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Individual study: Effects of different grass treatments used to create overwintering habitat for predatory arthropods on arable farmland

Published source details

Collins K.L., Boatman N.D., Wilcox A. & Holland J.M. (2003) Effects of different grass treatments used to create overwintering habitat for predatory arthropods on arable farmland. Agriculture, Ecosystems and Environment, 96, 59-67


This study is summarised as evidence for the intervention(s) shown on the right. The icon shows which synopsis it is relevant to.

Create beetle banks Natural Pest Control

A replicated study in 1994-1998 assessing two beetle banks in arable land in Leicestershire, UK (Collins et al. 2003) found higher invertebrate predator densities in false oat grass Arrhenatherum elatius (2,045 individuals/m²) than in red fescue Festuca rubra (1,492 individuals), crested dog’s-tail Cynosurus cristatus (1,380 individuals) and naturally regenerated vegetation (1,060 individuals). Rove beetles (Staphylinidae), were the dominant predator family, and showed the same significant pattern (1,716 individuals/m² in false oat grass through to 834 individuals in naturally regenerated vegetation). Spider (Araneae) density was higher in cock’s-foot (177 individuals/m²) compared with red fescue (119 individuals) and naturally regenerated vegetation (107 individuals). Ground beetle (Carabidae) density was 2.5-3.5 times higher in cock’s-foot than all other treatments. Boundary-type ground beetles dominated all treatments but were also more abundant in cock’s-foot (328 individuals/m²) compared with the other five treatments (69-126 individuals). Beetle banks created in spring 1993 were situated in an 8.6 ha clay soil field. Six treatments (five grass species and naturally regenerated vegetation) were established with two replicates/bank. Invertebrates were collected from soil samples gathered in January-February 1994-1997. Vegetation was examined visually and measured with a graduated board. This study was part of the same experimental set-up as Collins et al. 1996 and Moreby & Southway 2002.

Create beetle banks Farmland Conservation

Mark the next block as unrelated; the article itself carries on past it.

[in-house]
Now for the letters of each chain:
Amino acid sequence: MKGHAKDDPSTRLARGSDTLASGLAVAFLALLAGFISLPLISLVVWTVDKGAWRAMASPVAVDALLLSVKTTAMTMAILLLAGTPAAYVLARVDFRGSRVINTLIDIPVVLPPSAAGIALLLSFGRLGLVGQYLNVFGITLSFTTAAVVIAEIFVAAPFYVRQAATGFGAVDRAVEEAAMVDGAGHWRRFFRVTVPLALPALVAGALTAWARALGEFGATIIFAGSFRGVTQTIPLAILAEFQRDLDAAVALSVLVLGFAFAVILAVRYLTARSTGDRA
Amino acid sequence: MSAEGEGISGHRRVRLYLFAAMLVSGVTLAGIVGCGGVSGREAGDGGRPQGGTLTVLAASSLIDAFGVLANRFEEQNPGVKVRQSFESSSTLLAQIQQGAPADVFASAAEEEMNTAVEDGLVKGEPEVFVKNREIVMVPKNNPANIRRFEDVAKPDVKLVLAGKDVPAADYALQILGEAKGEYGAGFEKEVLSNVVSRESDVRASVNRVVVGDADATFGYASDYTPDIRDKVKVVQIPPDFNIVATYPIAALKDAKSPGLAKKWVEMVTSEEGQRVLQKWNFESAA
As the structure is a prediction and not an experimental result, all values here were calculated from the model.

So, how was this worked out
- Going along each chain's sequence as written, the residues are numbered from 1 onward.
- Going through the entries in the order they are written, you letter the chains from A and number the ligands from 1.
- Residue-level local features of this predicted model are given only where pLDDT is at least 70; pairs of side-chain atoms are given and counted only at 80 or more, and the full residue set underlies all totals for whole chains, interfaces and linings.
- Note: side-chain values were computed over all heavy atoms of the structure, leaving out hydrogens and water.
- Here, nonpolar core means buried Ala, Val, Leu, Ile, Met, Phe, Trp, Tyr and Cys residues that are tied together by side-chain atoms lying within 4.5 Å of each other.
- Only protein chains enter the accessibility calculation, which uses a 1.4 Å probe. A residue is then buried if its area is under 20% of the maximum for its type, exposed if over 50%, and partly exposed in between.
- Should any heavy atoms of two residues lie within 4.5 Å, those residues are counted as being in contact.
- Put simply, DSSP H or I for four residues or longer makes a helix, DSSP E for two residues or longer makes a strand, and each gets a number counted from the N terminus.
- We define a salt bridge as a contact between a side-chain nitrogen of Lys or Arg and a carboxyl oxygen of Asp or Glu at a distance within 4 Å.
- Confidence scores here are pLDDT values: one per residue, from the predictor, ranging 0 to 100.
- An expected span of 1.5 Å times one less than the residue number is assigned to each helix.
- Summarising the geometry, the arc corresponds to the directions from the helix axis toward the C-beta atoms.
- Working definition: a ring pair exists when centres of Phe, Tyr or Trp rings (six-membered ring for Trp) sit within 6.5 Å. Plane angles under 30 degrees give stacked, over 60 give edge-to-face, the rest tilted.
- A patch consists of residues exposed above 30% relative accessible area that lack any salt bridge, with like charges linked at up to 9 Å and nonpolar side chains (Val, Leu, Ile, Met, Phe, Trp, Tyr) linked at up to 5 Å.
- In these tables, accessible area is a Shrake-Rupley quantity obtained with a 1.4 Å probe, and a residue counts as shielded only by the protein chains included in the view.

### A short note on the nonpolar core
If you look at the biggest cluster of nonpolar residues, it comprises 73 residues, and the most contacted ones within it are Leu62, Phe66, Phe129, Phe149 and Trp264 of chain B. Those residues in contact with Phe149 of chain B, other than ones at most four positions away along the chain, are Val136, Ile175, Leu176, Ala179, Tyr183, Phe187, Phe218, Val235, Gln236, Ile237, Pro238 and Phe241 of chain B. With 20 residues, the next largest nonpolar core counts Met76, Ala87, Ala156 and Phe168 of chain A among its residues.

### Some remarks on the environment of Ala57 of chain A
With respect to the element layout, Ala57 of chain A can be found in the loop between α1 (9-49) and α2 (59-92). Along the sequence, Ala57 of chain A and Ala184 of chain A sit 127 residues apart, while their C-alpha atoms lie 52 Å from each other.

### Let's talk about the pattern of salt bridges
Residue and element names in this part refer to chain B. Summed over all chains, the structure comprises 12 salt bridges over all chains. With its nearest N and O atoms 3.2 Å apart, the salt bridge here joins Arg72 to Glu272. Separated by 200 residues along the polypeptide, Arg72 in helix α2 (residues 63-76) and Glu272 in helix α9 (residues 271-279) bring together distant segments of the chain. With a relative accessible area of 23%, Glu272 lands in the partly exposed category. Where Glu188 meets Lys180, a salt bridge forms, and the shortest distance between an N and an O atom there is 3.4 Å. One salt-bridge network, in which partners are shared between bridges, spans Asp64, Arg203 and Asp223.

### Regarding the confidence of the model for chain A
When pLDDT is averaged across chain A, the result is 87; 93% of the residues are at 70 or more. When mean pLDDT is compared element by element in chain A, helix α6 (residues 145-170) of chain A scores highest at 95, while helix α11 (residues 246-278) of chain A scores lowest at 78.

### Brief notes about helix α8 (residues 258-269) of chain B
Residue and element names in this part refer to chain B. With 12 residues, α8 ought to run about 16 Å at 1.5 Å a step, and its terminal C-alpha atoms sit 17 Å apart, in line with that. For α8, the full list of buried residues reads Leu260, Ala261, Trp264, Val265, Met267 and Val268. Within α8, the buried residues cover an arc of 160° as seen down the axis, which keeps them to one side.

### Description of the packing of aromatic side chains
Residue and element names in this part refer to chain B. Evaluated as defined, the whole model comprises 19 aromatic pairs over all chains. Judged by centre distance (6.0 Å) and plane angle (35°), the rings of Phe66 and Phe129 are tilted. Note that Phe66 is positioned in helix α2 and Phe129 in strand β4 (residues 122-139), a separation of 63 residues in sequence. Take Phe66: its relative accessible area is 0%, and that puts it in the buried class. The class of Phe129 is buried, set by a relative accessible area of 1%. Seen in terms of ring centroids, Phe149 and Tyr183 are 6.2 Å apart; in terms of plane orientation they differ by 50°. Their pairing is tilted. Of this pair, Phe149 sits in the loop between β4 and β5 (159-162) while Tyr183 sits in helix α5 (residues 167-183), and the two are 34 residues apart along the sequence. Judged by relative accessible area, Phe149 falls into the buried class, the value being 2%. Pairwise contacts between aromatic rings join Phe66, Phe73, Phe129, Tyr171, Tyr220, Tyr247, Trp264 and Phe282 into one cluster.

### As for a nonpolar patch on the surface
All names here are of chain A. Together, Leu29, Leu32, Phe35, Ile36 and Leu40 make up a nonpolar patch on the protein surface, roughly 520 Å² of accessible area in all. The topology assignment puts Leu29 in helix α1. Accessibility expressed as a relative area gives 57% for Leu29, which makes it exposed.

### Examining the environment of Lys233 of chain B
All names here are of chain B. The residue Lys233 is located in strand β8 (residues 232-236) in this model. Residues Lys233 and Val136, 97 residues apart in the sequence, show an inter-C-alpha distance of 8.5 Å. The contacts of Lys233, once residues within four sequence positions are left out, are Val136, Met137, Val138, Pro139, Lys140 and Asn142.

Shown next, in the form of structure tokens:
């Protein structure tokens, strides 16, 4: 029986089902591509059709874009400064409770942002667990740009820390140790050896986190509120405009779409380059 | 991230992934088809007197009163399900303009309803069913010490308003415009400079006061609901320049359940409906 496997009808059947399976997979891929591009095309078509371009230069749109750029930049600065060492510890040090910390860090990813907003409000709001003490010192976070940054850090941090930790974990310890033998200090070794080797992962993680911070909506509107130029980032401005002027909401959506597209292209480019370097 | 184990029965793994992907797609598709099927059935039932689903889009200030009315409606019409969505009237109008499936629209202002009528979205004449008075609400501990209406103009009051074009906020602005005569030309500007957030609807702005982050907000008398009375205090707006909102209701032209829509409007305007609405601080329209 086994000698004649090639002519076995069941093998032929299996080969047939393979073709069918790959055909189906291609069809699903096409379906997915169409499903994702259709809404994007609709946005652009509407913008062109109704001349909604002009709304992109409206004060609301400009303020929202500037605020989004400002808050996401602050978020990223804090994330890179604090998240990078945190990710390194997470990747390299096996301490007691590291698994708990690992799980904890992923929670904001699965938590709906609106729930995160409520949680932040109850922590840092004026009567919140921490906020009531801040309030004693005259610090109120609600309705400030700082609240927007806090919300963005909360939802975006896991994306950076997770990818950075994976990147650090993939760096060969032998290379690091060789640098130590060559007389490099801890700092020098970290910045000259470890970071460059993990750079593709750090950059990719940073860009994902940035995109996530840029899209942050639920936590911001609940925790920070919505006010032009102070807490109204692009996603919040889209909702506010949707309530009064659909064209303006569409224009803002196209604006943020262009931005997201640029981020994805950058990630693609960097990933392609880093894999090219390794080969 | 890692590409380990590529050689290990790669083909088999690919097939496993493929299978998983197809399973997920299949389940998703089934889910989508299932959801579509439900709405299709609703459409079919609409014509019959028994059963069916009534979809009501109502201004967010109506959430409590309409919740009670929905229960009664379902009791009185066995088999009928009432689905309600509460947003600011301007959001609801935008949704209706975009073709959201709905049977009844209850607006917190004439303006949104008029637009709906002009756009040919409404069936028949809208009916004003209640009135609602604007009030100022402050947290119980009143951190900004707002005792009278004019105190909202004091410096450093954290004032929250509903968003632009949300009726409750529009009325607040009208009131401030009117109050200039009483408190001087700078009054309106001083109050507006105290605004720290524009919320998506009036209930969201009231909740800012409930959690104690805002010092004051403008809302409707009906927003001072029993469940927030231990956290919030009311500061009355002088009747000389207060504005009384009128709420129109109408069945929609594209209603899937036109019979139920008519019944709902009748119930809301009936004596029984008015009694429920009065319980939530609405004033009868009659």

A replicated study in 1994-1998 including two beetle banks on an arable estate in Leicestershire, UK (Collins et al. 2003) (a continuation of (Collins et al. 1996)) found higher densities of invertebrate predators in false oat grass Arrhenatherum elatius (2,045/m2) than in red fescue Festuca rubra (1,492/m2), crested dog’s-tail Cynosurus cristatus (1,380/m2) and naturally regenerated vegetation (1,060/m2). Rove beetles (Staphylinidae), were the dominant family in the predatory invertebrate catch, and showed the same significant pattern (1,716/m2 in false oat grass, 1,241/m2 in red fescue, 1,105/m2 in crested dog’s tail and 834/m2 in naturally regenerated vegetation). Spider (Araneae) density was higher in cock’s-foot (177/m2) compared with red fescue (119/m2) and naturally regenerated vegetation (107/m2). Ground beetle (Carabidae) density was 2.5 to 3.5 times higher (significant) in cock’s-foot than all other treatments. Boundary-type ground beetles dominated all treatments but were also higher in cock’s-foot (328/m2) compared with the other five treatments (69-126/m2). In the first year of the study (third summer after creation) all single grass treatments were dominated by their sown species. In the last year of the study false oat-grass had the highest cover (90%) followed by red fescue (75%), cock’s-foot and timothy (70%), and crested dog’s-tail (10%). Overall, cock’s-foot, false oat-grass and timothy were taller growing and formed denser grass coverage near ground level (0-30 cm) compared with the other treatments. Beetle banks were created in spring 1993, both situated in an 8.6 ha clay soil field. Six treatments (five species of grass and naturally regenerated vegetation) were established with two replicates/bank. Invertebrates were collected from soil samples gathered in January-February 1994-1997. Vegetation was examined visually as well as measured with a graduated board. This study was part of the same experimental set-up as (Collins et al. 1996, Moreby & Southway 2002, Murray et al. 2002, Bence et al. 2003).